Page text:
till date and returns are accumulated in the members’ account. The basic difference here is: (1) in the manner of fund accumulation and (2) in the manner the accumulated funds are paid out.
In case of NPS the fresh investments are used to purchase units as per the existing NAV, while in case of EPF the entire sum is invested and the portfolio is held-to-maturity (HTM), and the interests actually received is credited to the members’ account. As such, the returns on EPF are actual returns which remain unaffected by market fluctuations, while in case of NPS the mark-to-market portfolio valuations (MTM) make net asset value (NAV) fluctuate both ways.
The returns are only notional; nothing tangible is getting credited to the members’ account. This means that in the year when the financial markets do not perform and that being your retirement year, NAV could be substantially low, possibly eroding most of your lifetime savings.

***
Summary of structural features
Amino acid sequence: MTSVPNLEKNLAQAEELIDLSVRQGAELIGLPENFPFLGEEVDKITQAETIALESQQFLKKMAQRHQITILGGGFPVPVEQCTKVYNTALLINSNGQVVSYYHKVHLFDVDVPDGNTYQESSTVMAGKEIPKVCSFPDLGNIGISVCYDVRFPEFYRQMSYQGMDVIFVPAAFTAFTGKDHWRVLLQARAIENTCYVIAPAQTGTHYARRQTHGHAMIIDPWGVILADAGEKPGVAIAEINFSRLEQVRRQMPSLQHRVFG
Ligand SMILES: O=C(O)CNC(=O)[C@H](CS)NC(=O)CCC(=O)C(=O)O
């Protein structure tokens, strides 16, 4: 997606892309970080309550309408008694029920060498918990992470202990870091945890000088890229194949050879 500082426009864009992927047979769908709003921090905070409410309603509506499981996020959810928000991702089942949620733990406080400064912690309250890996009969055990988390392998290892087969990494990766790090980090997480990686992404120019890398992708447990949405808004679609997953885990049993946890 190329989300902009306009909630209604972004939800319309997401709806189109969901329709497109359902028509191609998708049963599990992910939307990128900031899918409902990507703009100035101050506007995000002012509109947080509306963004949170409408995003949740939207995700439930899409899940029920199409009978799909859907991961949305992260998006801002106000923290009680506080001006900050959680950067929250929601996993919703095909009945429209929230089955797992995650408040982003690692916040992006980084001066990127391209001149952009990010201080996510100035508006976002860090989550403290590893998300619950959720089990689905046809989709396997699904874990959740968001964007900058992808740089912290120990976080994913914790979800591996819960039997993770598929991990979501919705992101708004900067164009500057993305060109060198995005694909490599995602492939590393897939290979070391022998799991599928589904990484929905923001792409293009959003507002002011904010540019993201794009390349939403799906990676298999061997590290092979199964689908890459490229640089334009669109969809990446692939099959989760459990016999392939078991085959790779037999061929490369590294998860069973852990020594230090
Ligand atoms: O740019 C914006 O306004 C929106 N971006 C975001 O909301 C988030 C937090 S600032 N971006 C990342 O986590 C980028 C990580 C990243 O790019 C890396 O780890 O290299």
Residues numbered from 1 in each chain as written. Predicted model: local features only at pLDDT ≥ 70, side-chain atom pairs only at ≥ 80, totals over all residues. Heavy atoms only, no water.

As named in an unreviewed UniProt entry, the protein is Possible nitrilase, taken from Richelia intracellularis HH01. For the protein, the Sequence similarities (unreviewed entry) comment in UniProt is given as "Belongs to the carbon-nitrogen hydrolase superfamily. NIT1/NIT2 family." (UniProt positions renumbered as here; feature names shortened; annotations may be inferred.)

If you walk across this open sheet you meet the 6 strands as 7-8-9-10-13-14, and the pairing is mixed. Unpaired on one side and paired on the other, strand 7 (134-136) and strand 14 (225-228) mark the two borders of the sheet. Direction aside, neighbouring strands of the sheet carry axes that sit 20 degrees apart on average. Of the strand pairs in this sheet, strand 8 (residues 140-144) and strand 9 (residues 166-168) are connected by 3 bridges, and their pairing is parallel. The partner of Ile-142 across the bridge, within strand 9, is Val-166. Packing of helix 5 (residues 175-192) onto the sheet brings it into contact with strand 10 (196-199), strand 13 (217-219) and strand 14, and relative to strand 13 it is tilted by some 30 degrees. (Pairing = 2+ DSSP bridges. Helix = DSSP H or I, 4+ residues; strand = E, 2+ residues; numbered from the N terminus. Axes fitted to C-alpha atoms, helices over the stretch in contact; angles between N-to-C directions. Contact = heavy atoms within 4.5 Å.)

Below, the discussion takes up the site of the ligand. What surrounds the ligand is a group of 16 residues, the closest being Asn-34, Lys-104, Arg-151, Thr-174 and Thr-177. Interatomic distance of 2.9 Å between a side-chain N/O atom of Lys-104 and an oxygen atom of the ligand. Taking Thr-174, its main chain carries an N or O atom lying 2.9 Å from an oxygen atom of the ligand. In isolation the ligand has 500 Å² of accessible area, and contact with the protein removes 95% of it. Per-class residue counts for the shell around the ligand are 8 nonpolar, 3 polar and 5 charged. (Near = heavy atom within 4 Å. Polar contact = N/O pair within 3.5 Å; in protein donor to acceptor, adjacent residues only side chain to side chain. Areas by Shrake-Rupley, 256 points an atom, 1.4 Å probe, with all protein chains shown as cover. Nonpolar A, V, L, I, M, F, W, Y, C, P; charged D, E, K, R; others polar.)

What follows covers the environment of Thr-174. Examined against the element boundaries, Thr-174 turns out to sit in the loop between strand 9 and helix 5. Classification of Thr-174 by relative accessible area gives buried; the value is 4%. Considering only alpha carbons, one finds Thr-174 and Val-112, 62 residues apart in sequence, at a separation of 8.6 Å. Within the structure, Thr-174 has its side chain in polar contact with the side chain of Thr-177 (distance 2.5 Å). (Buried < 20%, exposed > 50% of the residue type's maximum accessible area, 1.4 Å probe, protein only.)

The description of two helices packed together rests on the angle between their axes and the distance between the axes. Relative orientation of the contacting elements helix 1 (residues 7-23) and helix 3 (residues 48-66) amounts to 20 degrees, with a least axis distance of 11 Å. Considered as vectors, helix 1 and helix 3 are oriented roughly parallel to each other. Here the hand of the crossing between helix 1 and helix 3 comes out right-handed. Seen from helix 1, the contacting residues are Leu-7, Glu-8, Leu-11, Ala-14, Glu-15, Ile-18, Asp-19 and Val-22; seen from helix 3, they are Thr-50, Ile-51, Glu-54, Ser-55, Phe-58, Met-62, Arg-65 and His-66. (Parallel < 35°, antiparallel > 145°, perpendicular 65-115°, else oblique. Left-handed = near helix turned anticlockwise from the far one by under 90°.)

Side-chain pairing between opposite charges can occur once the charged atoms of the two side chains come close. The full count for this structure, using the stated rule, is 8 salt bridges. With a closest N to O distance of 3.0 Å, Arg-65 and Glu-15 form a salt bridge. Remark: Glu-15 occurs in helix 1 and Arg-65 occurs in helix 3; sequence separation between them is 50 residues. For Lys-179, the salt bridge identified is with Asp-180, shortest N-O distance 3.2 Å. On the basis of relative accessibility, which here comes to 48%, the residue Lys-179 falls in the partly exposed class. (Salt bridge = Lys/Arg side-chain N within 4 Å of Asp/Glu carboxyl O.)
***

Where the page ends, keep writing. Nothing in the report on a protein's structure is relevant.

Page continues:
This is important as ‘security’, by definition, means something a person can bank on. Can you in a social security scheme brush under the carpet a possibility when a lifetime of earnings can be eroded if markets turn bearish the very year your retirement is due?
In NPS a minimum of 40% of the final pot on retirement is utilised to purchase annuity, while the rest is returned as a lump sum. In case of EPF, on retirement the entire corpus is returned to the member. EPF, however, also allows partial withdrawals during the service period for meeting social obligations as well as for certain exigencies during rainy days.
Benefits under EPS spread far beyond what the member has contributed. Under EPS, lifelong pension is available to the widow and children up to the age of 25 years even if the member has only contributed only for a single month. It is unlikely that the range of benefits offered under EPS is available under any other scheme and EPS with such kind of benefits cannot be compared with pure market-linked annuity scheme.
There is a prevailing notion in the media that the returns in EPF/EPS are low compared to NPS and other market-oriented SIP schemes. This, no doubt, stems from the conventional wisdom that investment in equity market outperforms other investment avenues in the long run. However, a dispassionate analysis of the returns actually achieved by EPFO would show that it fares rather competitively with the returns under NPS and even